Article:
Final tests for Scots’ potable water

Equipment from Ondeo Degrémont is currently undergoing its final testing at a potable water treatment works for Scottish Water. The works lie in the upper Clyde Valley near Glasgow in the west of Scotland.

For many years, water treatment had been by chemical dosing, but now to meet the highest EU standards, Ondeo has supplied, installed and commissioned a complete range of treatment plant, including Aquazur filters and a Densadeg washwater thickening unit.

Raw water comes from two impounding reservoirs and is blended for treatment. Colour values at a maximum of 40 Hazen and turbidity of nearly 5 FTU, Iron (up to 222 microg/l), aluminium and manganese(132 microg/l max) are also a concern.

Among other requirements, Ondeo Degrémont’s task was to guarantee that colour would be reduced to 5.0 Hazen, turbidity to 1.0 FTU, aluminium and iron to 50 microg/l, manganese to more than 20 microg/l.

‘The big advantage of Aquazur T filters is that they are packaged steel units which can be brought on site and set up with no more than a concrete slab foundation as a base,’ said Nick de Tisi of Ondeo Degrémont’s design department.

The filters can be sized to suit the required throughput and are designed to provide the most efficient dispersion of water over the filter medium. Backwash systems use a combination of air scour and water to clean the medium with the minimum of disturbance.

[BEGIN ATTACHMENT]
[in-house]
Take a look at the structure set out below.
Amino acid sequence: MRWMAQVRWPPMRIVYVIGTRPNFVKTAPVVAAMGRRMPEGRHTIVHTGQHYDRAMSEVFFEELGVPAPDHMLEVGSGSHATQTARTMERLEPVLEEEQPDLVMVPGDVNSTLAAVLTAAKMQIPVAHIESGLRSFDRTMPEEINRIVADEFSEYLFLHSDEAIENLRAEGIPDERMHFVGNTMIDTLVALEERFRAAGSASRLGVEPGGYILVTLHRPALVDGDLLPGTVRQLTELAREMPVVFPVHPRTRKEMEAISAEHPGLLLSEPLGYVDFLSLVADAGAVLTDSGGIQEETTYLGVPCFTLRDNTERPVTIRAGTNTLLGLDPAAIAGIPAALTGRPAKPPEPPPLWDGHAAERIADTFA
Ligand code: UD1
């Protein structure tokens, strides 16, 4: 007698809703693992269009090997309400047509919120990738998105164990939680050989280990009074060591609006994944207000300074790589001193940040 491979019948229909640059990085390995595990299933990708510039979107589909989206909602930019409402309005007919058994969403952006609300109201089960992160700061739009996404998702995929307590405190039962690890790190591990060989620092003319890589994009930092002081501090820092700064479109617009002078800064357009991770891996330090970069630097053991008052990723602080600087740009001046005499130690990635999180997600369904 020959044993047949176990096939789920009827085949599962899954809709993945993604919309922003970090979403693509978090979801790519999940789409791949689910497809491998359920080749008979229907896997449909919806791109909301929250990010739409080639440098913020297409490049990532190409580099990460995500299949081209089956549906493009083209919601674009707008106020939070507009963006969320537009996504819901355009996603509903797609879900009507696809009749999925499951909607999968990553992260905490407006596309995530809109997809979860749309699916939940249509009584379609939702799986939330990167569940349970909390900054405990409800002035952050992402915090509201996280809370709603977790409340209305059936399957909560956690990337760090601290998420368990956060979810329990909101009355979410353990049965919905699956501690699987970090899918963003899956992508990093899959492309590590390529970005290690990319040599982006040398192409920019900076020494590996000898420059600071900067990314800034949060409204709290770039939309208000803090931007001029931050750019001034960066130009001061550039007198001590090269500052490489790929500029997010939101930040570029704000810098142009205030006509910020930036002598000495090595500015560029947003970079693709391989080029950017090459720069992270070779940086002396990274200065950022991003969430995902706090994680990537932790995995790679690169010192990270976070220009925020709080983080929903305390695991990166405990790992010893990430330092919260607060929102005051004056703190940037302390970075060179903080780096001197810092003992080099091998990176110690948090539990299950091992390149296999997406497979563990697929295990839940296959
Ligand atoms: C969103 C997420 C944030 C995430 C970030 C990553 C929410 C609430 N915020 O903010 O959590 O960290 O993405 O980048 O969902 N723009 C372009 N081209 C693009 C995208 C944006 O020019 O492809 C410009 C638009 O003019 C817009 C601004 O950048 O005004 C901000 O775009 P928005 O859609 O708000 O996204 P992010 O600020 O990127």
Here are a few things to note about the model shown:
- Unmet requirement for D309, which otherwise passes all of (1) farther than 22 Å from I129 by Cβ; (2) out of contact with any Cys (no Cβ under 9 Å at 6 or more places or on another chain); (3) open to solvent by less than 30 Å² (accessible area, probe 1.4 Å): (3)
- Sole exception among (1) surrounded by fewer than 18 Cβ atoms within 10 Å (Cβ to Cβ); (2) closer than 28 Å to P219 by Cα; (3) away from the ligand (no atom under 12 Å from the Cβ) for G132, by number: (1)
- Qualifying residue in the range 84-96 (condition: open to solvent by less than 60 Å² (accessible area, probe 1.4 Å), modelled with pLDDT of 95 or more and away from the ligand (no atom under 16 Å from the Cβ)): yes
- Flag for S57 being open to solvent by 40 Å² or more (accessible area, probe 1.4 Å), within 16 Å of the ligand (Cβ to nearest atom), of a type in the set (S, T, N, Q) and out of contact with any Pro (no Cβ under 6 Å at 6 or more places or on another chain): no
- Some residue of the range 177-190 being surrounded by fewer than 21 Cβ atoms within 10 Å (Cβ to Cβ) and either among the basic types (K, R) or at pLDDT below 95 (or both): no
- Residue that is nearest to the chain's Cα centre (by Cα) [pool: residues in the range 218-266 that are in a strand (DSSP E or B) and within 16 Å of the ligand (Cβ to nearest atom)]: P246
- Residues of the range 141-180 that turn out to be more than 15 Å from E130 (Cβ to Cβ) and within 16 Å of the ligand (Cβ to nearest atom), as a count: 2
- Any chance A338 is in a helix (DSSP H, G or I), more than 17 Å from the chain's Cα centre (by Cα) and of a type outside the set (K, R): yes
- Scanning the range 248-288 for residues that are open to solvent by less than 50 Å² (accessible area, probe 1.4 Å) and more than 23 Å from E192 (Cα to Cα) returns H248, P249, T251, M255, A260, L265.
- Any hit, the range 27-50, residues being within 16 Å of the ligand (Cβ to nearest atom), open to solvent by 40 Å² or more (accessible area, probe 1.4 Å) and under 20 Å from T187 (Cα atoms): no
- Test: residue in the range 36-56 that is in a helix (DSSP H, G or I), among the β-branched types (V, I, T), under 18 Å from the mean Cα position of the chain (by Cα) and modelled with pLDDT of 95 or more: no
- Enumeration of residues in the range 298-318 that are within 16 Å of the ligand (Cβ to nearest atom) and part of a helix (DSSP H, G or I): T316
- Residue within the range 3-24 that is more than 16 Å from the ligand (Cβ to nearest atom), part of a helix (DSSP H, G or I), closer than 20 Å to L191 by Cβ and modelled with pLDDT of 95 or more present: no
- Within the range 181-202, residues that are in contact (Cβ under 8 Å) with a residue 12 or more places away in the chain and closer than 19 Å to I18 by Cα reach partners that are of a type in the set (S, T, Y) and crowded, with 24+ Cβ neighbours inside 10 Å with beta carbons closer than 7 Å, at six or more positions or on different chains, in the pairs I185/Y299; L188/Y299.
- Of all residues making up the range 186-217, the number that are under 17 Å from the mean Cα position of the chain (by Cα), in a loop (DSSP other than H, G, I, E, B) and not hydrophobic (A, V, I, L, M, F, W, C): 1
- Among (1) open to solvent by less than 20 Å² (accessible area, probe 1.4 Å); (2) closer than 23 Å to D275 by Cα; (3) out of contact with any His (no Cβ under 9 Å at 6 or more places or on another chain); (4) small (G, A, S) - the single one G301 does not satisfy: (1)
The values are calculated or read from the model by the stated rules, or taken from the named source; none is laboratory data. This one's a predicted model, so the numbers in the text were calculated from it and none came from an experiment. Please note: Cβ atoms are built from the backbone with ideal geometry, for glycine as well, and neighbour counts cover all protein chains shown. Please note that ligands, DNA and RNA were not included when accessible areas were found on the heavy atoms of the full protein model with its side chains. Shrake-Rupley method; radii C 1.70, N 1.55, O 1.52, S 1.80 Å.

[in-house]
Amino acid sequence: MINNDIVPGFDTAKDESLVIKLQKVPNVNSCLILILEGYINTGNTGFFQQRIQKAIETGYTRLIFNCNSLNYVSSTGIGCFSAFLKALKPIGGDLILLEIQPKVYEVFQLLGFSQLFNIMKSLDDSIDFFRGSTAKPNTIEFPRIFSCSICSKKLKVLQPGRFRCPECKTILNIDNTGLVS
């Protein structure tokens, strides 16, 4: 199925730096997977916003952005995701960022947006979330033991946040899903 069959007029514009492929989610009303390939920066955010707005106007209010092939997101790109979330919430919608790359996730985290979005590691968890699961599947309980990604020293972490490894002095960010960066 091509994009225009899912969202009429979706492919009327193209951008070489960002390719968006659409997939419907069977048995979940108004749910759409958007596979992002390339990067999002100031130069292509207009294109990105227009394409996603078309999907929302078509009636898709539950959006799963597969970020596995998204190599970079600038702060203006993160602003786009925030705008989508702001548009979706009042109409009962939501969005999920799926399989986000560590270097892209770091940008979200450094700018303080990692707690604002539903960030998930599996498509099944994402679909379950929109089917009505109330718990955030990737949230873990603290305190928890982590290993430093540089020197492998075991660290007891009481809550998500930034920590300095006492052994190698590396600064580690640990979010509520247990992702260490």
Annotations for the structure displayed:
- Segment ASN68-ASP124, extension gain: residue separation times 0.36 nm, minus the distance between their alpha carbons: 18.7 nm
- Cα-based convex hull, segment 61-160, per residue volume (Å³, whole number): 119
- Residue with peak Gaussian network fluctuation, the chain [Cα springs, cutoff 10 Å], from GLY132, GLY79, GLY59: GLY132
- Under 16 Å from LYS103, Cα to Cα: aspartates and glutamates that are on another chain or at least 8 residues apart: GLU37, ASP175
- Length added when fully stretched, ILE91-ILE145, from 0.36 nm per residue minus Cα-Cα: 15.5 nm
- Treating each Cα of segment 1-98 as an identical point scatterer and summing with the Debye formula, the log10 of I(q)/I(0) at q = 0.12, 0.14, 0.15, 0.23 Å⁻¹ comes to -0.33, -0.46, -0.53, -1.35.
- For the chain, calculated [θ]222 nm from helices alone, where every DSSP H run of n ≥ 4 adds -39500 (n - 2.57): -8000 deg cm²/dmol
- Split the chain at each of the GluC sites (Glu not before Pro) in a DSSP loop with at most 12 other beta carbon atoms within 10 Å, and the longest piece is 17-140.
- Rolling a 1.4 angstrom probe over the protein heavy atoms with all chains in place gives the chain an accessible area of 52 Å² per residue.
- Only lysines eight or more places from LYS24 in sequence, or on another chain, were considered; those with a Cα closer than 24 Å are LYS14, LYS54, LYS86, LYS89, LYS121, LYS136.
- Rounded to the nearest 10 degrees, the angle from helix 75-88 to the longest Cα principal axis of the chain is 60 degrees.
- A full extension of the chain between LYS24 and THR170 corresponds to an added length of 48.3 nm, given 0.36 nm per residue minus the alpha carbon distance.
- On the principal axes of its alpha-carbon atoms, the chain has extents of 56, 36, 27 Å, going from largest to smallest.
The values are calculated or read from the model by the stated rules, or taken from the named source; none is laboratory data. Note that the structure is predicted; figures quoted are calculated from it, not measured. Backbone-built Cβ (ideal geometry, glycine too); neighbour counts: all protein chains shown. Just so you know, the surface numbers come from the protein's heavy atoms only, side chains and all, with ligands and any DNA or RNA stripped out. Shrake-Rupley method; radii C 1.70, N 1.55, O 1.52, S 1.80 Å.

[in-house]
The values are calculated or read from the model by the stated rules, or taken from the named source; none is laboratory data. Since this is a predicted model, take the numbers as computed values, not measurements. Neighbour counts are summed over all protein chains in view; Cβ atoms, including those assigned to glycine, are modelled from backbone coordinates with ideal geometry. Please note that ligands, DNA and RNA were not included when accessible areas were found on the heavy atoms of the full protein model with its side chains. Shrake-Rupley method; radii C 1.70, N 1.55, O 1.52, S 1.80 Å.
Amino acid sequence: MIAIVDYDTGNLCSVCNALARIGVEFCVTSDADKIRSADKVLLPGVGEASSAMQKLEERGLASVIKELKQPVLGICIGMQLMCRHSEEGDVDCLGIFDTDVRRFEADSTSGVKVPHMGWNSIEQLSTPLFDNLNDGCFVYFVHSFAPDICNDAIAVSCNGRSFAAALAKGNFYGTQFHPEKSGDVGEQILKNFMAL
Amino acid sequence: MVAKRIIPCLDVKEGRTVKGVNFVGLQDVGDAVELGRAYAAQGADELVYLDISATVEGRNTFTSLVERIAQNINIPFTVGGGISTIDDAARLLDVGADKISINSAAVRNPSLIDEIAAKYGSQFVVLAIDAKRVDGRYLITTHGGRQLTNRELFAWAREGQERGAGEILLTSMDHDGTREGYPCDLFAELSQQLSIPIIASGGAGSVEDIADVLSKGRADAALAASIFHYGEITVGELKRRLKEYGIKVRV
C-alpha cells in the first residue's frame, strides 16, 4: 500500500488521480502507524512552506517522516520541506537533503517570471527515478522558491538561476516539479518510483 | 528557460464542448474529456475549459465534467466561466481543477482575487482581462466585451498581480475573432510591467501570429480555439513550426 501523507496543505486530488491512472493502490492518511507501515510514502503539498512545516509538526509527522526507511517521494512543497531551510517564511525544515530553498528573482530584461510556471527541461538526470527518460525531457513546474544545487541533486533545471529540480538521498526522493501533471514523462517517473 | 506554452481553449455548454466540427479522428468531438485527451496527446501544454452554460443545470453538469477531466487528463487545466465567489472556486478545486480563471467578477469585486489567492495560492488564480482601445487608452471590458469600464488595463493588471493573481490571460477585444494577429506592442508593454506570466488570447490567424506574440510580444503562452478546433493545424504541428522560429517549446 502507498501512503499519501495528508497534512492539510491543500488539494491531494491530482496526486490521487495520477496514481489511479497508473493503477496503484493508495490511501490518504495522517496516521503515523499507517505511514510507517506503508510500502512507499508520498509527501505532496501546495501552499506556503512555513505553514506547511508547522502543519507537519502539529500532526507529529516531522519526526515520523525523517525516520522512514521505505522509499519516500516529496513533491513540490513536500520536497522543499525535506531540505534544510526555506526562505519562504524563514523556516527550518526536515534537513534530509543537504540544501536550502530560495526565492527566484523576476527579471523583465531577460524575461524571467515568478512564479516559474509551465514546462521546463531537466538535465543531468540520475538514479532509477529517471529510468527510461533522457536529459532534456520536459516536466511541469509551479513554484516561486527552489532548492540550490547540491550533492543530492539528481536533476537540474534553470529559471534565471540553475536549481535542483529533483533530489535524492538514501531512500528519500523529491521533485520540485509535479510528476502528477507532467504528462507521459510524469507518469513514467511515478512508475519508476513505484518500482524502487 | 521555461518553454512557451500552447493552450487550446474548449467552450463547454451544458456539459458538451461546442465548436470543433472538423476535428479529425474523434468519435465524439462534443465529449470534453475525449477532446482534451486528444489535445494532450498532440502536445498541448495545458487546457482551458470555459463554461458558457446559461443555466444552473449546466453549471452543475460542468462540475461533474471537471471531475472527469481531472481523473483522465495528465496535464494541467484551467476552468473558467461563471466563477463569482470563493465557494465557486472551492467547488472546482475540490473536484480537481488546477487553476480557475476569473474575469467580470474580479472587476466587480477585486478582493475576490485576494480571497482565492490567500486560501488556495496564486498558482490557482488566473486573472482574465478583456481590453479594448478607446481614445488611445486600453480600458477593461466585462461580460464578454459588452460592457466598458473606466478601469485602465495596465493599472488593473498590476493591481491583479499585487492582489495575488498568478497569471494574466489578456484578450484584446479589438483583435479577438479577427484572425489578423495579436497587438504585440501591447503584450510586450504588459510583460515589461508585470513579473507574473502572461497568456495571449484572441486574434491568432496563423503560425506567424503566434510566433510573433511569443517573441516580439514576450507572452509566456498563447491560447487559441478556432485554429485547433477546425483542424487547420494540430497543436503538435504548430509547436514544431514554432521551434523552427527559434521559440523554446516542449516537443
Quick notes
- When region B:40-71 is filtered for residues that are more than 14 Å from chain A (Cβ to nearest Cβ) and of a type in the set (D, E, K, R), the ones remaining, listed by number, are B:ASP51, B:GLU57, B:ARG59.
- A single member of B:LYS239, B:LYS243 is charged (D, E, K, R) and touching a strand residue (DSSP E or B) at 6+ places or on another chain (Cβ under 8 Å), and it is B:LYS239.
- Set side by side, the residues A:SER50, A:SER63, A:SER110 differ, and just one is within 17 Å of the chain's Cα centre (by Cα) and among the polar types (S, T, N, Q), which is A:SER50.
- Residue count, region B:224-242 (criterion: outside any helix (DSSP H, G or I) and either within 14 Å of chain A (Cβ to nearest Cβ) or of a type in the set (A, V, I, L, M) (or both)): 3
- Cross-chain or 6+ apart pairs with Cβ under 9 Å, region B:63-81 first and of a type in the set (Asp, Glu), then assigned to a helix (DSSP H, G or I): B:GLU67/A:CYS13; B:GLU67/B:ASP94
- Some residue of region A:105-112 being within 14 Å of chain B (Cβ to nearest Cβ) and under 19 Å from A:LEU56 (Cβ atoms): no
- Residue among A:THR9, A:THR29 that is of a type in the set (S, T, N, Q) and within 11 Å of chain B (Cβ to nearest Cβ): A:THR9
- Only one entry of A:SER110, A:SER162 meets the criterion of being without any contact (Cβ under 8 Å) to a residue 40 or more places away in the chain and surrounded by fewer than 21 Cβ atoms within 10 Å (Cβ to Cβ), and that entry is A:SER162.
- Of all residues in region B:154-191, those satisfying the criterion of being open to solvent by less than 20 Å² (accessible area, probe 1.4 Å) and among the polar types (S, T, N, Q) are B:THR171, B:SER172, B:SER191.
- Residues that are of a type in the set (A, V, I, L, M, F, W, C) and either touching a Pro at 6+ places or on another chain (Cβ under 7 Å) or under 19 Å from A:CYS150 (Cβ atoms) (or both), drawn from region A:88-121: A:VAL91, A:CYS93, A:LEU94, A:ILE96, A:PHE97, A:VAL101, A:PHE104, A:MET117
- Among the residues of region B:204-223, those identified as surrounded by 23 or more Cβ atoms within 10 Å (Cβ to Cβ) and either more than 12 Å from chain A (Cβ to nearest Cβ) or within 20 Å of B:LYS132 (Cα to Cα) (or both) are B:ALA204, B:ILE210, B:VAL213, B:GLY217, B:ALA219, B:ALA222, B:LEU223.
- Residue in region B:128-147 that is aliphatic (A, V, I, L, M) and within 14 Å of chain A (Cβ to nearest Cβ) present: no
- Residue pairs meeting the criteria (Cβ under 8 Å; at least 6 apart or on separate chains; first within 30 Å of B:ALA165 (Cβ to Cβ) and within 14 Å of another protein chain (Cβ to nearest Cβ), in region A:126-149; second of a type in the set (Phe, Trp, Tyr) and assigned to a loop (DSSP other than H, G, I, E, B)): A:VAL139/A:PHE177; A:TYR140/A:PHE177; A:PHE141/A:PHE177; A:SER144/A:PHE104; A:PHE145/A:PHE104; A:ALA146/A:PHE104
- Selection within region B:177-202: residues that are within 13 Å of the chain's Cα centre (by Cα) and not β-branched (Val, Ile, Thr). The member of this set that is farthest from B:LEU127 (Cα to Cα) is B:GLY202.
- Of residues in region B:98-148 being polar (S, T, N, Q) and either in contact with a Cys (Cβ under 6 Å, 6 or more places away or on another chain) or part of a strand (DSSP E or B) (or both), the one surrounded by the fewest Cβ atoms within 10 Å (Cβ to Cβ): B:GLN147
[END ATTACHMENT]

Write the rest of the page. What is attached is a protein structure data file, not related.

Following automatic dosing with lime slurry and aluminium sulphate coagulant, first stage treatment at the plant is via a 2-stage flocculation plant. Each stage is designed for a holding time of at least 5 minutes, with polyelectrolyte flocculant aid add in in the first tank. From here it passes to the first array of Ondeo Degrémont Aquazur filters.

Second stage filtration uses three Ondeo Degrémont Aquazur T rapid gravity sand filters, each 17.6m². At 18m³/m² per hour, the process here is much faster than in the Aquazur Vs. It is primarily designed to remove the oxidised manganese, but also deals with any remaining suspended solids, but like the Aquazur V units, they also have a backwashing facility.

Backwashing water passes to a single Densadeg lamella settlement plant of two chambers – one for flocculation followed by settlement in the other. Thickened sludge is dewatered to produce a cake with dry solids of at least 17%.

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